The sad reality is that we citizens no longer view police as civil servants here to protect us. We view them as adversaries here to enforce laws we don’t respect. We view them as agents of a government waging a war on us. We view them as the enemy.

One more casualty of the immoral War on Drugs.

Update: McQ at QandO has a similar, although perhaps less indicting, entry today. The punchline?

Time to disarm the vast majority of them [AS: para-military police organizations].

Sounds like a plan to me.

Freedom of Speech And The War On Terror

Former Speaker Newt Gingrich spoke in Manchester, New Hampshire yesterday on the topic of freedom of speech. When it comes to applying freedom of speech to campaign finance laws, Gingrich made this excellent point:

MANCHESTER, N.H. –Former House Speaker Newt Gingrich says First Amendment rights need to be expanded, and eliminating the McCain-Feingold law’s restrictions on campaign contributions would be a start.

Gingrich, a Republican, suggested allowing people to give any amount to any candidate as long as the donation was reported online within 24 hours.

“Just as tax lawyers always succeed in out-thinking the (Internal Revenue Service) because they stay after five and the IRS goes home, the private-sector lawyers will always out-think the (Federal Election Commission) because they stay after five and the FEC goes home,” Gingrich told about 400 people at the Nackey Scripps Loeb First Amendment Awards dinner Monday.

Newt’s absolutely right on this one. McCain-Feingold is one of the most egregious restrictions on political speech that Congress has passed in quite some time. The fact that it was upheld by the Supreme Court is even more distressing.

Where Gingrich falls apart, unfortunately, is when it comes to the issue of freedom of speech and the war on terror:

Former Speaker of the House Newt Gingrich yesterday said the country will be forced to reexamine freedom of speech to meet the threat of terrorism.

Gingrich, speaking at a Manchester awards banquet, said a “different set of rules” may be needed to reduce terrorists’ ability to use the Internet and free speech to recruit and get out their message.

“We need to get ahead of the curve before we actually lose a city, which I think could happen in the next decade,” said Gingrich, a Republican who helped engineer the GOP’s takeover of Congress in 1994.

I’m not quite sure what Newt means when he talks about “re-examining” freedom of speech, but it doesn’t sound good at all. In the wake of 9/11, we “re-examined” the Fourth Amendment and it brought us the Patriot Act. I hate to think what a re-examination of the First Amendment would bring us.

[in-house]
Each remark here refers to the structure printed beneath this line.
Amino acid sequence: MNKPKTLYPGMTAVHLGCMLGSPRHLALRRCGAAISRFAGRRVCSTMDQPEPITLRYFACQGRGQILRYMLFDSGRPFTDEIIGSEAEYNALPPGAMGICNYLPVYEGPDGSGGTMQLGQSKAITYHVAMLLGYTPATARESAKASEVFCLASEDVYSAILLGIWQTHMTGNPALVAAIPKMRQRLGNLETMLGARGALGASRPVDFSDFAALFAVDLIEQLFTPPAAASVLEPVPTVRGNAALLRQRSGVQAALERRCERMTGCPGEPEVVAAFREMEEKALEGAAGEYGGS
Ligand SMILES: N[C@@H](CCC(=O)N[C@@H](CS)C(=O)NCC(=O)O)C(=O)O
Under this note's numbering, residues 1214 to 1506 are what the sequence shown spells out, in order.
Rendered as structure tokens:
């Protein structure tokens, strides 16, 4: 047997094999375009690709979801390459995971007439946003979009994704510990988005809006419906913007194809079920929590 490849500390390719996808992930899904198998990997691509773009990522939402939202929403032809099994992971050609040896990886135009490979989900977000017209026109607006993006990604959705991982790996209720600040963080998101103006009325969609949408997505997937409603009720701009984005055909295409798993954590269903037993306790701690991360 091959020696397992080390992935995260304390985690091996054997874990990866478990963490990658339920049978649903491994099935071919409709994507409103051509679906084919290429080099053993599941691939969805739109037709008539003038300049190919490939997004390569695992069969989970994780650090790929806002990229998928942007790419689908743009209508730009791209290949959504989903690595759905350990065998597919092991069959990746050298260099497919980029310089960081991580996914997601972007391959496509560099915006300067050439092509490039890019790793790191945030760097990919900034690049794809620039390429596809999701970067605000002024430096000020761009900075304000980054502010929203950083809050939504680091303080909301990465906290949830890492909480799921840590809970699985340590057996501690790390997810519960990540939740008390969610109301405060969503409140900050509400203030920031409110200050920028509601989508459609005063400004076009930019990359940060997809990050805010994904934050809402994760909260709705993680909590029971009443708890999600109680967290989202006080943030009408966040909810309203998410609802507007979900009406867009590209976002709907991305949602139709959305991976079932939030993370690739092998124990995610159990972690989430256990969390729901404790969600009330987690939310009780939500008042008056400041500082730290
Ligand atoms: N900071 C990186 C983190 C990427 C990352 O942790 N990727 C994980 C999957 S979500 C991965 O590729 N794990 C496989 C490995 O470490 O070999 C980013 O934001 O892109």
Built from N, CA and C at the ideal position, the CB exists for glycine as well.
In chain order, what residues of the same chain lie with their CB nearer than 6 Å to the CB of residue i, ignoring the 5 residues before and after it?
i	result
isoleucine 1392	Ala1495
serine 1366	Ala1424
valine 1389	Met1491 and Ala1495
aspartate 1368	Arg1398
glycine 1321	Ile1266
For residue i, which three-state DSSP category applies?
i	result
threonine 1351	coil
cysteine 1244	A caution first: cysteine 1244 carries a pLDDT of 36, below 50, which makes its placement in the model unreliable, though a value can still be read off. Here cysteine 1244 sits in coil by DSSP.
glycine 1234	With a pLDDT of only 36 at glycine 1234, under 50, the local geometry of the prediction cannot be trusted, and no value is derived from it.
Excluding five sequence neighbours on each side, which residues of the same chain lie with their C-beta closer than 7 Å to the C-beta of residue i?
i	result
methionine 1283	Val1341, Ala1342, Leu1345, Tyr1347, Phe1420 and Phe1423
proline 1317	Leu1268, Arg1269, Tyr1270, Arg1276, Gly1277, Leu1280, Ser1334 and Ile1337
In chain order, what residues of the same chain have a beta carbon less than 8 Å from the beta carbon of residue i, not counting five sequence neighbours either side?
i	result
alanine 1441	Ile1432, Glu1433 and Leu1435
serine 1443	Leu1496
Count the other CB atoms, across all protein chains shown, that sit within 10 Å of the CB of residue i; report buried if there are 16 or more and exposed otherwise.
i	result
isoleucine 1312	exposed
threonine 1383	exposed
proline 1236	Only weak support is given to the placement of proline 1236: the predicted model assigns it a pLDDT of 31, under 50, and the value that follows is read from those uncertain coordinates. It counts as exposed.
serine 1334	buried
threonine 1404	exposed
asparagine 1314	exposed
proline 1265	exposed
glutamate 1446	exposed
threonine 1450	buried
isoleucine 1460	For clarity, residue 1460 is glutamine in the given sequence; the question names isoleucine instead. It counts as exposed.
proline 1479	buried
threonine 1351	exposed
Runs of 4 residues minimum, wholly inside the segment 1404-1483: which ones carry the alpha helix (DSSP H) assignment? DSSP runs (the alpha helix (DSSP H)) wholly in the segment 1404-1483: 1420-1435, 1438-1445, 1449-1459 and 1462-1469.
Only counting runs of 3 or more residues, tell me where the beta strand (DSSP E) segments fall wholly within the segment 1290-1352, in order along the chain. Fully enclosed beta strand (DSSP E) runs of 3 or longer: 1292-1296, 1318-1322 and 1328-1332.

H/T: Hit & Run

Update 11/29/06: There has been discussion in the comments about whether the Union-Leader accurately reported what Gingrich said. A link to the speech can be found here, and here is the relevant part:

This is a serious long term war, and it will enviably lead us to want to know what is said in every suspect place in the country, that will lead us to learn how to close down every website that is dangerous, and it will lead us to a very severe approach to people who advocate the killing of Americans and advocate the use of nuclear of biological weapons.

And, my prediction to you is that ether before we lose a city, or if we are truly stupid, after we lose a city, we will adopt rules of engagement that use every technology we can find to break up their capacity to use the internet, to break up their capacity to use free speech, and to go after people who want to kill us to stop them from recruiting people before they get to reach out and convince young people to destroy their lives while destroying us.

This is a serious problem that will lead to a serious debate about the first amendment, but I think that the national security threat of losing an American city to a nuclear weapon, or losing several million Americans to a biological attack is so real that we need to proactively, now, develop the appropriate rules of engagement.

And, I further think that we should propose a Genève convention for fighting terrorism which makes very clear that those who would fight outside the rules of law, those who would use weapons of mass destruction, and those who would target civilians are in fact subject to a totally different set of rules that allow us to protect civilization by defeating barbarism before it gains so much strength that it is truly horrendous.

This is a sober topic, but I think it is a topic we need a national dialogue about, and we need to get ahead of the curve rather than wait until actually we literary lose a city which could literally happen within the next decade if we are unfortunate

At the very least, Gingrich is theorizing that First Amendment right would be curtailed in the wake of another massive terror attack (a theory which I think is largely correct). On the other hand, though, I think it’s fair to say that he was advocating we at least look at doing this, and that’s where I have a problem.